Integrative Therapy is an approach that emphasises the value of all individuals. Practitioners attempt to integrate all aspects of the personality such as feelings, perceptions and unresolved conflicts into a cohesive whole that can encourage their client to approach life more positively, without prejudice, preformed opinions or attitudes.
Integrative therapy, draws on some of the oldest techniques of psychotherapy. It was developed during the 1970s by Richard G Erskine PhD, and at The Institute for Integrative Psychotherapy.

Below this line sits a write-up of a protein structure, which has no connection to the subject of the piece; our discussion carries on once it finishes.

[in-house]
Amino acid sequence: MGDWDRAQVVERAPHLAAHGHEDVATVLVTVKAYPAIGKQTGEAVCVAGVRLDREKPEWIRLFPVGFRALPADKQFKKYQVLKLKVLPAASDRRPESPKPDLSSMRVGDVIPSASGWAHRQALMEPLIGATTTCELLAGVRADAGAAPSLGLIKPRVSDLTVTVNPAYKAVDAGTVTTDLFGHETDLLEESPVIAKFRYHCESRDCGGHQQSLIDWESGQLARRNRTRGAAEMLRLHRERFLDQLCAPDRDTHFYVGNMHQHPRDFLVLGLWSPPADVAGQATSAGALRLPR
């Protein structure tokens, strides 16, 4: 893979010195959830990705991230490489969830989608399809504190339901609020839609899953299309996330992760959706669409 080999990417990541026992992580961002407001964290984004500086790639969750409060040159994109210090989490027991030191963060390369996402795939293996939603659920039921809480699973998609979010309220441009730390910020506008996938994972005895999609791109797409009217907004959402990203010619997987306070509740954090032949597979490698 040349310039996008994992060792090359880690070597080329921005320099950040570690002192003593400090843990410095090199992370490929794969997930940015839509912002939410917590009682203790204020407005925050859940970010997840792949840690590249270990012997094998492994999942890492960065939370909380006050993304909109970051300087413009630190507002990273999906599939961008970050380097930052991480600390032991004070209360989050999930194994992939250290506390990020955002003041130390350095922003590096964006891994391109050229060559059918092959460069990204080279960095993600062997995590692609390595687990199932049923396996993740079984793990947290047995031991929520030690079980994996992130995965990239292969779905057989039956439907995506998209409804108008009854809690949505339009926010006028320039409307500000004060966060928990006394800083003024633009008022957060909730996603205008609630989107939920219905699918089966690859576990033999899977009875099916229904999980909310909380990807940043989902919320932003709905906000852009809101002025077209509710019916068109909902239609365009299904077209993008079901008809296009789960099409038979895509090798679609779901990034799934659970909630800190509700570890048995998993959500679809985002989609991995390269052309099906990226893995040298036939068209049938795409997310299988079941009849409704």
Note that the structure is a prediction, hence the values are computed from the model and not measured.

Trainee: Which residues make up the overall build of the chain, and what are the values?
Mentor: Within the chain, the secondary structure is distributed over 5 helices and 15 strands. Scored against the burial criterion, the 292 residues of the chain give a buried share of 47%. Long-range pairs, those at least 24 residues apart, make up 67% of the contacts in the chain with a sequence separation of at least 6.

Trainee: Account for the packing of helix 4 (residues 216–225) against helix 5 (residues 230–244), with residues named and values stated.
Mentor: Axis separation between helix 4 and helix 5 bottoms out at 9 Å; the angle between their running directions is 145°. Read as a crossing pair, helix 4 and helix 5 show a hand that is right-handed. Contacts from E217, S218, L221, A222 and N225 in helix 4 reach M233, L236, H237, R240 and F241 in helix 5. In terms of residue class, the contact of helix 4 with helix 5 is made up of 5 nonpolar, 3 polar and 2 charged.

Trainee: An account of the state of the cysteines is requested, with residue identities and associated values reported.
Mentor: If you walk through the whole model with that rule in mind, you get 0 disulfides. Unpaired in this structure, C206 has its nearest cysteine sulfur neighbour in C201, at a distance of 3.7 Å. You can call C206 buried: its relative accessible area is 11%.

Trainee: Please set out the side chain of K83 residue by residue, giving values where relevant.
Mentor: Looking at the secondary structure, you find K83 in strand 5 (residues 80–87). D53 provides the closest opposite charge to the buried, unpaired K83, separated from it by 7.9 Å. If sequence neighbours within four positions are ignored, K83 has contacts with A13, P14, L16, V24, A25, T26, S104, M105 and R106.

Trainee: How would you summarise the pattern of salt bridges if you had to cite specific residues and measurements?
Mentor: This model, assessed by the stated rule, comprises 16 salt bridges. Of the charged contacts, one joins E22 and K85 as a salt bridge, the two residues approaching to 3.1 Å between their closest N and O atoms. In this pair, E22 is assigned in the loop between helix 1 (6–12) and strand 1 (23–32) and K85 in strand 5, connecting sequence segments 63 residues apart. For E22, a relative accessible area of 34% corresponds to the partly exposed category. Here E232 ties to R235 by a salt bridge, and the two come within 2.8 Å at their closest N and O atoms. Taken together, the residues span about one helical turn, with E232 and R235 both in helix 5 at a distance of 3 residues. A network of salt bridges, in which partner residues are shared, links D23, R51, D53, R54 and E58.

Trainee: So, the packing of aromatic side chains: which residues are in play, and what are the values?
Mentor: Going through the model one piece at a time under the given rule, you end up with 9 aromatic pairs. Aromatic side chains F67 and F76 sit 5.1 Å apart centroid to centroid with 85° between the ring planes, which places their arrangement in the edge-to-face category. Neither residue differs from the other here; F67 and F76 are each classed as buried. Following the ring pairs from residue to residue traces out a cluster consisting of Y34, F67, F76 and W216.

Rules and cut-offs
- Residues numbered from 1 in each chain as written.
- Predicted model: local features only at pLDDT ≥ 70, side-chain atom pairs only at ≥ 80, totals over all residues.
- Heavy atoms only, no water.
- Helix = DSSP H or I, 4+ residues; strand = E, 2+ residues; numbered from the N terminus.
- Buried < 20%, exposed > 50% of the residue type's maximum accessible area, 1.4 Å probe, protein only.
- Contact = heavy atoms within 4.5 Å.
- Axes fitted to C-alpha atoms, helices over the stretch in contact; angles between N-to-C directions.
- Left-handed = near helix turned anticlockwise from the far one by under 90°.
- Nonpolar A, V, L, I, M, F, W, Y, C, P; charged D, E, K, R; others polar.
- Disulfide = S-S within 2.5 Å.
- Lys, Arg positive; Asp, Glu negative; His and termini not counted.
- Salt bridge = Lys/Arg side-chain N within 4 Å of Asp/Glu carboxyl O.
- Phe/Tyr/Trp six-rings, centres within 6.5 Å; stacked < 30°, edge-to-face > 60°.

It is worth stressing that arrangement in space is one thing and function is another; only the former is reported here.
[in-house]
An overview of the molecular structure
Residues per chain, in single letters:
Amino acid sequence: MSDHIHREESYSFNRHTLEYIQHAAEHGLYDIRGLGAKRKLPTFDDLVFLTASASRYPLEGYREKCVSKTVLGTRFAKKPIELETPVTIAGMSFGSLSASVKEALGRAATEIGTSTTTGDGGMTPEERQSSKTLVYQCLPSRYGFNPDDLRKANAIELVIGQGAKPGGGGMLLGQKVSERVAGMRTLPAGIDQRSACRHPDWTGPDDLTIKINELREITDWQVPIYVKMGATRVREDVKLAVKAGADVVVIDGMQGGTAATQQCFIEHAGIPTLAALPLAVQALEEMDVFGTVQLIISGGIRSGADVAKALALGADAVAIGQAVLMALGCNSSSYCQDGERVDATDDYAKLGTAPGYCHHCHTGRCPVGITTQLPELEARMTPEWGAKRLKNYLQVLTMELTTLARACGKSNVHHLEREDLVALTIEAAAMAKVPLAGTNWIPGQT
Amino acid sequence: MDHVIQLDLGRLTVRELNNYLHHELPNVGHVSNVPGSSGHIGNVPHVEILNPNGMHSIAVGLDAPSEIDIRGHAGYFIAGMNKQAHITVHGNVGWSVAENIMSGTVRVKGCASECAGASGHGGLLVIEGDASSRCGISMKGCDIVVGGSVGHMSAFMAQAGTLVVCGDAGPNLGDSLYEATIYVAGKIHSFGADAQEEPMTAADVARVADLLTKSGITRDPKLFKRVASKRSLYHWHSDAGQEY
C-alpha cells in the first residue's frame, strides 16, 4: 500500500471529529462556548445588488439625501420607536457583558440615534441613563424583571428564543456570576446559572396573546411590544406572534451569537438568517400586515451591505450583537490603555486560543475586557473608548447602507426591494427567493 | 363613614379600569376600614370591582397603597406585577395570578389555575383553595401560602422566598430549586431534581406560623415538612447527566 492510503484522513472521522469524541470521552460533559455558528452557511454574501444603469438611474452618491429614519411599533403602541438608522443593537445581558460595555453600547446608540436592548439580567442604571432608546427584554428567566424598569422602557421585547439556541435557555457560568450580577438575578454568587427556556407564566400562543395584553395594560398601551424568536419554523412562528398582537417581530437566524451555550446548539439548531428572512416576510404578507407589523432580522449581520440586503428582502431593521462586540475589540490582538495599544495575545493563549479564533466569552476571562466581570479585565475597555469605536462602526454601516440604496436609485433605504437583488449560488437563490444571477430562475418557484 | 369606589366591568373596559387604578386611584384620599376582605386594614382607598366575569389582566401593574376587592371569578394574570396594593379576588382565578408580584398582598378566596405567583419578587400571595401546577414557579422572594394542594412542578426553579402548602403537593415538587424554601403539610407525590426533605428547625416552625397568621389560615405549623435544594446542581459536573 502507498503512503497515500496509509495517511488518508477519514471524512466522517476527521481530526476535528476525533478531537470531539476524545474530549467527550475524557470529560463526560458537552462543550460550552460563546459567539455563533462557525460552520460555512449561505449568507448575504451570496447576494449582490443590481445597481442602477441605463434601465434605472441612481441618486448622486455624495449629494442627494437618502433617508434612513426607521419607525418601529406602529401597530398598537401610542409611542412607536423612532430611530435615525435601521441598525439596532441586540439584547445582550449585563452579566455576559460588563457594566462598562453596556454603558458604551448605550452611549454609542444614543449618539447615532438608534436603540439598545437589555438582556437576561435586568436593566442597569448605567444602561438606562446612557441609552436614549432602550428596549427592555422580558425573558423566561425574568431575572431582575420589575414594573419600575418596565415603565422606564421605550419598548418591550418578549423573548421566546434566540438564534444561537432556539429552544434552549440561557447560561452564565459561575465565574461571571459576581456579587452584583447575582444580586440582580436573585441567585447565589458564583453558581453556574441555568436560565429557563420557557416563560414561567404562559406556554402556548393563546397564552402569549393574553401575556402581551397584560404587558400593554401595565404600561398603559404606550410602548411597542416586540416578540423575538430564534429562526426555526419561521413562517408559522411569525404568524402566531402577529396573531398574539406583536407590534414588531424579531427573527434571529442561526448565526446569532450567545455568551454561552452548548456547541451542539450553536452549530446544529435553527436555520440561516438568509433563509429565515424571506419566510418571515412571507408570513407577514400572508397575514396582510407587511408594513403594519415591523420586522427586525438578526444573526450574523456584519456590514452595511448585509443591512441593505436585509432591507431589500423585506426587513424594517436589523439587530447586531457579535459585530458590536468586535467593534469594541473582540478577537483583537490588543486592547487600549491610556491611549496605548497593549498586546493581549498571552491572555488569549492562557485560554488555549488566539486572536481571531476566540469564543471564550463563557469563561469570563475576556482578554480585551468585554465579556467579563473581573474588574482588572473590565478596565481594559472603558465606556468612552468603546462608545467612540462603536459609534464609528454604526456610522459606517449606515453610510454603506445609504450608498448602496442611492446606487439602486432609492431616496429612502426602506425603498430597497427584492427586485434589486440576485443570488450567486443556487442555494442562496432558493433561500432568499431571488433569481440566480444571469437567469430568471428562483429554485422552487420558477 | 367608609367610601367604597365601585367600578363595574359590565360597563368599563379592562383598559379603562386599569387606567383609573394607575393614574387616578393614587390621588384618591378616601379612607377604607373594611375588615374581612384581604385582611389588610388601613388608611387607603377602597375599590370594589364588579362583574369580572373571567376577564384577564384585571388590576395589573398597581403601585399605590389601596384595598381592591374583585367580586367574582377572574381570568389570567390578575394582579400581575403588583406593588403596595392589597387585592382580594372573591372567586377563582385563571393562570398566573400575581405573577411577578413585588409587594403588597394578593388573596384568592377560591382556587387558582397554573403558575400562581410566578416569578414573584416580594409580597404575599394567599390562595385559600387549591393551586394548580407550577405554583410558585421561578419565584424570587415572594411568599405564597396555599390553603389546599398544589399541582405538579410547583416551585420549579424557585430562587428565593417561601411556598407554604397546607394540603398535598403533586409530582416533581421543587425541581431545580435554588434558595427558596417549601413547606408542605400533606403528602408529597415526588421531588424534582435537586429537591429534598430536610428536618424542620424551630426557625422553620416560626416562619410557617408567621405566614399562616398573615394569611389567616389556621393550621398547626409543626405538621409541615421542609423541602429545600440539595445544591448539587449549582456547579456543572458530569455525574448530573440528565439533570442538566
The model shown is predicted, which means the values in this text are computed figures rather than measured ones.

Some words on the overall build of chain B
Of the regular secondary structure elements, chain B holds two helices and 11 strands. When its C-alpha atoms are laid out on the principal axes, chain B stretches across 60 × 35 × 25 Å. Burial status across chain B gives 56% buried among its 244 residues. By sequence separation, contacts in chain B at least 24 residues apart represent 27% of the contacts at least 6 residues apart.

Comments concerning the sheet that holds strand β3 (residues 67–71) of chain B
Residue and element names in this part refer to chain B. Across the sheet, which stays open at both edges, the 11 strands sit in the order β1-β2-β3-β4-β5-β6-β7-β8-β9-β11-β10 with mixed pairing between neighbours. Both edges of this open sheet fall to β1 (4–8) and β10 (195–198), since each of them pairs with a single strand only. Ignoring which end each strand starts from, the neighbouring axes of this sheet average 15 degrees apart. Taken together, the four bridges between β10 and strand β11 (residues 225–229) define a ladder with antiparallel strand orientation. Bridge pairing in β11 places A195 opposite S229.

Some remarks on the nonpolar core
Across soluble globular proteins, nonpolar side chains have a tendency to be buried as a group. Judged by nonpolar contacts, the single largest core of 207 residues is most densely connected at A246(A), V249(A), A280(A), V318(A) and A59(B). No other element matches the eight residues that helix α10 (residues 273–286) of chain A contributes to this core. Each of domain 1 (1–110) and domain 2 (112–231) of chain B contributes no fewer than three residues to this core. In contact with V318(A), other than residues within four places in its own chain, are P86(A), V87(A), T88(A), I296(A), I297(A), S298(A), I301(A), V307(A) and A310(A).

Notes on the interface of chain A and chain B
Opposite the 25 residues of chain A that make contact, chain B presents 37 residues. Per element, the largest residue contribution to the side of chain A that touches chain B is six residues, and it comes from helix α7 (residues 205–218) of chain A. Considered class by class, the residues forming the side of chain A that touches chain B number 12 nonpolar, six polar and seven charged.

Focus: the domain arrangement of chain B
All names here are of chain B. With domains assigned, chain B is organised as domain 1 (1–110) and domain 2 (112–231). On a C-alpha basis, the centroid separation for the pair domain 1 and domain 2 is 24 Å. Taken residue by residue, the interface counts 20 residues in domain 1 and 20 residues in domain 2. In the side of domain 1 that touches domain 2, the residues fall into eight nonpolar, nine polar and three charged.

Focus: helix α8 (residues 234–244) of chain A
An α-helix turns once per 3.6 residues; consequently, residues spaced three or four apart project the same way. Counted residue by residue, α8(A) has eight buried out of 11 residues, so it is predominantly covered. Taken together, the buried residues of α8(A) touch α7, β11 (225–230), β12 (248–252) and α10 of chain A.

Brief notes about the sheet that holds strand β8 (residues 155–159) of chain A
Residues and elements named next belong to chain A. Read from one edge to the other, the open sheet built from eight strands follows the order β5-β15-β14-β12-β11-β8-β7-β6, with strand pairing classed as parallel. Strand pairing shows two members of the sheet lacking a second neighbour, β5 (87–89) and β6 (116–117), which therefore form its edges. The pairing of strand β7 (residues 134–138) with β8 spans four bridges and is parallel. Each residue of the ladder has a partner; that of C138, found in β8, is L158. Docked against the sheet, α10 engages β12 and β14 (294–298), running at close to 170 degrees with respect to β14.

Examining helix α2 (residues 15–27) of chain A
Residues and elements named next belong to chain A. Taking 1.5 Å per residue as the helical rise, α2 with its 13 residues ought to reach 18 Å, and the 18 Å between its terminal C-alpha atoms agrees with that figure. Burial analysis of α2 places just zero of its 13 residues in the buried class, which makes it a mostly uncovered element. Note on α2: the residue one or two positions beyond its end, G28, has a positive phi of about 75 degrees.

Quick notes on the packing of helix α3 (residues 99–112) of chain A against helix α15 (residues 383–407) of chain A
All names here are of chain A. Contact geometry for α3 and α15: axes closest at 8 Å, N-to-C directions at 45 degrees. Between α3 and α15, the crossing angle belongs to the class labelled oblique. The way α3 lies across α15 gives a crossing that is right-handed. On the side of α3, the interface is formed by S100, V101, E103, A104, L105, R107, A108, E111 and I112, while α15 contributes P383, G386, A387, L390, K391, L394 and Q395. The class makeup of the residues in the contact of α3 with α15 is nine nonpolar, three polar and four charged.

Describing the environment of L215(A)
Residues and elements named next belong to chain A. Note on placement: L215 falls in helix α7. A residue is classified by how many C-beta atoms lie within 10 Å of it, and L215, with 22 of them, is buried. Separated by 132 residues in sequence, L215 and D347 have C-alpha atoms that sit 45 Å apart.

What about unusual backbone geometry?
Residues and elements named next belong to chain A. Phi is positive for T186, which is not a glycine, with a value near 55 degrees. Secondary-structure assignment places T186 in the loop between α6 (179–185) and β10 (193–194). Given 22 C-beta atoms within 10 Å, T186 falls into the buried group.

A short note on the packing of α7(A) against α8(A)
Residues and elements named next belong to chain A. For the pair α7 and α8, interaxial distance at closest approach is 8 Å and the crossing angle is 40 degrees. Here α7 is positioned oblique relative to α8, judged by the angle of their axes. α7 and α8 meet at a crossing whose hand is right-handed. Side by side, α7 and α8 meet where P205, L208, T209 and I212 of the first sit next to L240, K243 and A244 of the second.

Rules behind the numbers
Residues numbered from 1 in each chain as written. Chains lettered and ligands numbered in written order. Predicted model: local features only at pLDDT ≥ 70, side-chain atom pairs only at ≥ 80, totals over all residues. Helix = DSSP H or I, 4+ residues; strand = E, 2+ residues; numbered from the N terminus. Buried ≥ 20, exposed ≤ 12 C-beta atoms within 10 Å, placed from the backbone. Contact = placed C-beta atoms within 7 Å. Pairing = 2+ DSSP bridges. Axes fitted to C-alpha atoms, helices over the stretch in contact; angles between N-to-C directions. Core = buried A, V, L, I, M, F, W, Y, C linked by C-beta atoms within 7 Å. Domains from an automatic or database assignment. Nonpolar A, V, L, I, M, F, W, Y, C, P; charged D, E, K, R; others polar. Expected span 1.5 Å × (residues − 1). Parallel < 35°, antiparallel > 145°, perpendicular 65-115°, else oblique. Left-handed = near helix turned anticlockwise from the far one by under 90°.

The Integrative model recognises the use of other therapeutic approaches such as Humanistic, Cognitive, Gestalt and Psychodynamic and attempts to fuse them into a approach that is of benefit to the individual. The facilitation of a person’s ‘wholeness’ to improve their quality of life is one of the most important features of this modality.
How can Integrative Therapy Help?
Because of its flexibility, Integrative Psychotherapy is used to treat a wide range of emotional issues rising out of bereavement, relationship problems or marriage difficulties. The approach can also be used to confront problems such as eating disorders, addiction, anxiety and anger.